The maiden voyage

Wednesday, March 21, 2012
Regular readers of this blog will know that recently I've bought a sailboat. The boat was tied up 20+ miles north of where I needed it, so the first voyage was going to be a long one as I moved it to its new home port. 

The move was complicated by the fact that I don't know how to sail and I wasn't sure what surprises the boat had in store for me. Two friends of mine, who were power boaters and had also never sailed, agreed to help me move the boat. They were well familiar with the local waters and decided that figuring out how to run a sailboat was an adventure they couldn't pass up.

Click any image to enlarge
Our first concern was the outboard. My brother (who was the 4th member of the crew for the move) and I had gone up the week before and tested it out. As you might notice in the picture above, the cover is off of it. That's because the choke's linkage was broken and so we had to operate it by hand. Aside from that the outboard seemed to work fine. 

Still, in the worse case scenario we wouldn't be able to figure out the sails and would have to motor it the whole way south. That was a prospect we didn't look forward to, nor were we that confident in the motor. We lined up another friend with a boat who was standing by to tow us if worse came to worse.

Readers who are familiar with the fact that I am a self-declared, high and mighty functionary in the Green movement, may be tisk-tisking over the smoke billowing out of my trusty motor. All I have to say is -- yea, yea, yea, how 'bout you put a cork in your hypocrisy charges. I'm a muckity-muck among the Greens, and so naturally I operate under a different set of rules than you peons do. 

Besides, I may need to harass a Japanese whaler if one is cheeky enough to enter the Gulf to harvest whale blubber. What's gagging on exhaust fumes compared to the slaughter of our brethren from the deep?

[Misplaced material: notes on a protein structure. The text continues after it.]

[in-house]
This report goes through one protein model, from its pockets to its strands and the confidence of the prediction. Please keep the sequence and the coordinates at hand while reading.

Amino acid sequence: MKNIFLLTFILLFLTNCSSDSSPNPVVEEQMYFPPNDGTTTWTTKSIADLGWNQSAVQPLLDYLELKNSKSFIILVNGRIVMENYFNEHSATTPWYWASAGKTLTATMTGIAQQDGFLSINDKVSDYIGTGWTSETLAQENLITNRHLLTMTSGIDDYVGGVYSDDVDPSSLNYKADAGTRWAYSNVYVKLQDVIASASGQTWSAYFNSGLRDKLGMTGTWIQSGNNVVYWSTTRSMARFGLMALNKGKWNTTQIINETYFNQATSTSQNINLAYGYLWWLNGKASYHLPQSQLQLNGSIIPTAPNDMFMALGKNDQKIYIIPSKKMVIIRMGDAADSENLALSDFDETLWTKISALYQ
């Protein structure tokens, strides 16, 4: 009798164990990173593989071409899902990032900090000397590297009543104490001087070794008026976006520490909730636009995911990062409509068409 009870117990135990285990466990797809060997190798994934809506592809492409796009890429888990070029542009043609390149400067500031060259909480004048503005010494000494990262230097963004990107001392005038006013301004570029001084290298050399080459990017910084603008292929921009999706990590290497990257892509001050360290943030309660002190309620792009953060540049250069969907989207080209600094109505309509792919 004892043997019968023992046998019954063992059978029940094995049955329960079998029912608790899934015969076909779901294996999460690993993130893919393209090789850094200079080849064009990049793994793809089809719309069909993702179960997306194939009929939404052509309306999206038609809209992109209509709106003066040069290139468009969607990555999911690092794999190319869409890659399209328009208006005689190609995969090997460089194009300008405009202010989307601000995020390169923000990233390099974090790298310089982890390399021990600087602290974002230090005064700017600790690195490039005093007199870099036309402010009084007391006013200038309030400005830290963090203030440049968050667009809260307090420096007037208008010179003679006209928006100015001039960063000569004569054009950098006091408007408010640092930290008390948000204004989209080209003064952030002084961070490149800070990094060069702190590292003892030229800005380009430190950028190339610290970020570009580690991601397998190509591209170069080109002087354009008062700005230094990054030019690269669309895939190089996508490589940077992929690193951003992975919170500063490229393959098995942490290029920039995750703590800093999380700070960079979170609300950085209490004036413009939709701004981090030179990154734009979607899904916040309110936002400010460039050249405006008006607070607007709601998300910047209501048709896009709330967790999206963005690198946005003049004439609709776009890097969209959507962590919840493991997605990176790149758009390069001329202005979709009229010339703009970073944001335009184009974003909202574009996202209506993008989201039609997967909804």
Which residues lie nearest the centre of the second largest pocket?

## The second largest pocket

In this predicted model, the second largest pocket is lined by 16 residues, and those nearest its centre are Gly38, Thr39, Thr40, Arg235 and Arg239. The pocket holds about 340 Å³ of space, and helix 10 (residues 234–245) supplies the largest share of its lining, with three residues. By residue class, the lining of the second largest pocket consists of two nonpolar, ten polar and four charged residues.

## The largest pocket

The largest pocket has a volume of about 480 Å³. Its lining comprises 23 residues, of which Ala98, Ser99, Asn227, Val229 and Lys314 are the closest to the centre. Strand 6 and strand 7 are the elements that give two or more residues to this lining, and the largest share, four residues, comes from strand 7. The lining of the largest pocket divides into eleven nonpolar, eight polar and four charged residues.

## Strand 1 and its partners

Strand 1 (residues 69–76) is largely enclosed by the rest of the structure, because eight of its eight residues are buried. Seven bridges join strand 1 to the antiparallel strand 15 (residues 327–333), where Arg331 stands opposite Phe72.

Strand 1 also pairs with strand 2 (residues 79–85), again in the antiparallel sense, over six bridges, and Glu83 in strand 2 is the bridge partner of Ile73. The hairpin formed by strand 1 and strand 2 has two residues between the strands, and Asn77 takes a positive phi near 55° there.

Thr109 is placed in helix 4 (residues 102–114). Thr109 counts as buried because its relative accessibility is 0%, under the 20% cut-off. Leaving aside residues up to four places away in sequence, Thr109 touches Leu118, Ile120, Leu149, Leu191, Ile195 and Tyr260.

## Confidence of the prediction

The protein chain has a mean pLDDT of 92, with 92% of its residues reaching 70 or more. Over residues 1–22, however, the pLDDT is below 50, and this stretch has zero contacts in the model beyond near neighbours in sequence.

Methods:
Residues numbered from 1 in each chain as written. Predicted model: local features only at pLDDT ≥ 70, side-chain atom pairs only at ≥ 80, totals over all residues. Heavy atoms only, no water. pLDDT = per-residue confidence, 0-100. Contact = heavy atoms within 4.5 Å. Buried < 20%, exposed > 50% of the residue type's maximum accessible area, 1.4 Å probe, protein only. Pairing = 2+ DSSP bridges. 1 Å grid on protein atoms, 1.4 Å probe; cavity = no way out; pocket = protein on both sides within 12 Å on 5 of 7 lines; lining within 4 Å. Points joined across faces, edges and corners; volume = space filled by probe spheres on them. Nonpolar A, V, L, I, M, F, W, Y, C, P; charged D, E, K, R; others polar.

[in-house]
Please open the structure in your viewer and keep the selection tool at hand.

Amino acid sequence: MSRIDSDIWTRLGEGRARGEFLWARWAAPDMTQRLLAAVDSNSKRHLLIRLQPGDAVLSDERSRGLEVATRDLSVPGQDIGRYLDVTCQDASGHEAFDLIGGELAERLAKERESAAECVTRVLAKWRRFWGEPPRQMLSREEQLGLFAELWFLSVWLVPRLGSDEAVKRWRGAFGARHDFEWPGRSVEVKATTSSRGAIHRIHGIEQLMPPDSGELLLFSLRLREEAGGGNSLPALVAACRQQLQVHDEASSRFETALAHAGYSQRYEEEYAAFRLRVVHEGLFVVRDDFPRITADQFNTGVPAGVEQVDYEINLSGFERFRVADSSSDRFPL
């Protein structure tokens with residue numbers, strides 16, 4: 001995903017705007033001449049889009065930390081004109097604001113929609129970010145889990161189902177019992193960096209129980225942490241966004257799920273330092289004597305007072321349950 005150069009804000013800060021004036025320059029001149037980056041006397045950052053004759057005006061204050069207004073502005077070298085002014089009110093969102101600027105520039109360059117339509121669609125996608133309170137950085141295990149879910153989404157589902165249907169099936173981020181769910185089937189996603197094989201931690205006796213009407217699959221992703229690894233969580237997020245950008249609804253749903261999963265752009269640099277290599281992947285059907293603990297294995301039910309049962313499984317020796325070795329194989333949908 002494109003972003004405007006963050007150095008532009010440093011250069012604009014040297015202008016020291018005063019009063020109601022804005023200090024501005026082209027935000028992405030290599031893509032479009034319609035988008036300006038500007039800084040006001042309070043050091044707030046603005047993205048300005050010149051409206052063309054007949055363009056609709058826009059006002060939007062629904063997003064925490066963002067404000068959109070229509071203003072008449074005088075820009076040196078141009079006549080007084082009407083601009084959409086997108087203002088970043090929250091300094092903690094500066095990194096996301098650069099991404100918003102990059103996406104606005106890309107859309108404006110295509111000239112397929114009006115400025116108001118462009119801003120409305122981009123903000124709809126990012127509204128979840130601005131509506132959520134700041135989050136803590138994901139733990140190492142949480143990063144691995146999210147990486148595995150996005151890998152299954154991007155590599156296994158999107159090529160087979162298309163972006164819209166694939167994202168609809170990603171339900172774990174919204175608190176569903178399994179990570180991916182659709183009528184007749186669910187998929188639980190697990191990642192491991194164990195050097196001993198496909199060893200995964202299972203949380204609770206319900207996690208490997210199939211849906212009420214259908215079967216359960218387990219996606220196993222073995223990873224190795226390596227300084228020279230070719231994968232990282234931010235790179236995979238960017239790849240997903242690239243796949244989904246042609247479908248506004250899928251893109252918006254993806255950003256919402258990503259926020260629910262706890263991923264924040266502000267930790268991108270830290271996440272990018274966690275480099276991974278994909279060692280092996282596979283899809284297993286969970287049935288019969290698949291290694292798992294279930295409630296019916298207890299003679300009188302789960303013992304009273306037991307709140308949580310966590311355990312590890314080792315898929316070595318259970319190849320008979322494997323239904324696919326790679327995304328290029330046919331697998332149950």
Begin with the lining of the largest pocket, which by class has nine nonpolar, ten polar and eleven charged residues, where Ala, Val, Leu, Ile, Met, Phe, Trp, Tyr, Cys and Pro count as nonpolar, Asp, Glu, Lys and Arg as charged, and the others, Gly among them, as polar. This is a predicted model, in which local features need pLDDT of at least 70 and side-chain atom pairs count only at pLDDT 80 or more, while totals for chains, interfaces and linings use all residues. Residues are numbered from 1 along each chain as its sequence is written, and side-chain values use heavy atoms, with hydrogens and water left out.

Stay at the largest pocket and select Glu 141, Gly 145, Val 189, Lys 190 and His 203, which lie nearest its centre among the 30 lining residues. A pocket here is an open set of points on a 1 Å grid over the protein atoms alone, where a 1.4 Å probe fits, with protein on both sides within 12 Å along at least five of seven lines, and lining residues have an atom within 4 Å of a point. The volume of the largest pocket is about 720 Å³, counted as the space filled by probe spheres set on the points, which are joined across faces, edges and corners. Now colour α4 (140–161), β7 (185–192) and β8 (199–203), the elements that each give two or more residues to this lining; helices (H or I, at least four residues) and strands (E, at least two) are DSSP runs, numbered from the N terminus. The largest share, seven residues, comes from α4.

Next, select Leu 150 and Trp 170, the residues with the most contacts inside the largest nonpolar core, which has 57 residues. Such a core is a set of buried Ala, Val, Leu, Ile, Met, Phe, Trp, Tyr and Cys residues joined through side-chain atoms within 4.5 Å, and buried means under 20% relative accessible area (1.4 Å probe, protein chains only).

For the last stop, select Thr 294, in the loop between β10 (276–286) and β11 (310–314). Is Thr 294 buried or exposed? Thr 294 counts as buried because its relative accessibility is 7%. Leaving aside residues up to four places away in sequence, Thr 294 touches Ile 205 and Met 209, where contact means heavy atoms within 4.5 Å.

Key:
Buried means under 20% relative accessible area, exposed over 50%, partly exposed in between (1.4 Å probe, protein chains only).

With the motor started, we cast off, that's me on the bow by the way, backed away from the slip and headed up the channel to the Gulf. 

I'm reasonably certain that the other boat owners were glad to see us finally gone. Surely they were embarrassed by the constant comparisons of their scows to my luxury yacht. Well, either that or, having watched us in operation, they breathed a sigh of relief that we didn't immediately sink our craft in the middle of the channel and block it.


To get out of the intercoastal waterway we has to request the bridge tender raise the bridge at Saint John's Pass. For our purposes it was a perfect day for the move, with light winds, a calm sea and moderate temperatures. Being on the boat sure beat the traffic jam we had stuck those poor motorists in.



Once clear of the channel and in the open waters of the Gulf we, after much fumbling around, raised the sails. Experienced sailors are probably laughing at the trim of our jib in the picture above, but after some experimenting we were delighted that we managed to get our boat headed in the direction we wanted.


The short video above gives a taste of us under sail. Very relaxing, with the outboard off all you hear is the sound of water on the hull, the wind in the rigging and the rustling of the canvas. Although, you can't be in a hurry getting anywhere on a sailboat. The best speed we made was little over 6 knots, and for most of the trip we were moving at an even more leisurely pace. 


The entire trip took us 10 hours. We reached our new home port just before sunset and tied the boat up in its new slip. Altogether it was a most enjoyable journey. 
   

2 comments:

Knucklehead said...

Will your new glass eye have any impact on the development of your sailing skills?

ambisinistral said...

I think to be properly salty I need to wear an eye patch. I guess that means that to be really salty I need to wear two eye patches and steer by the smell of the ocean.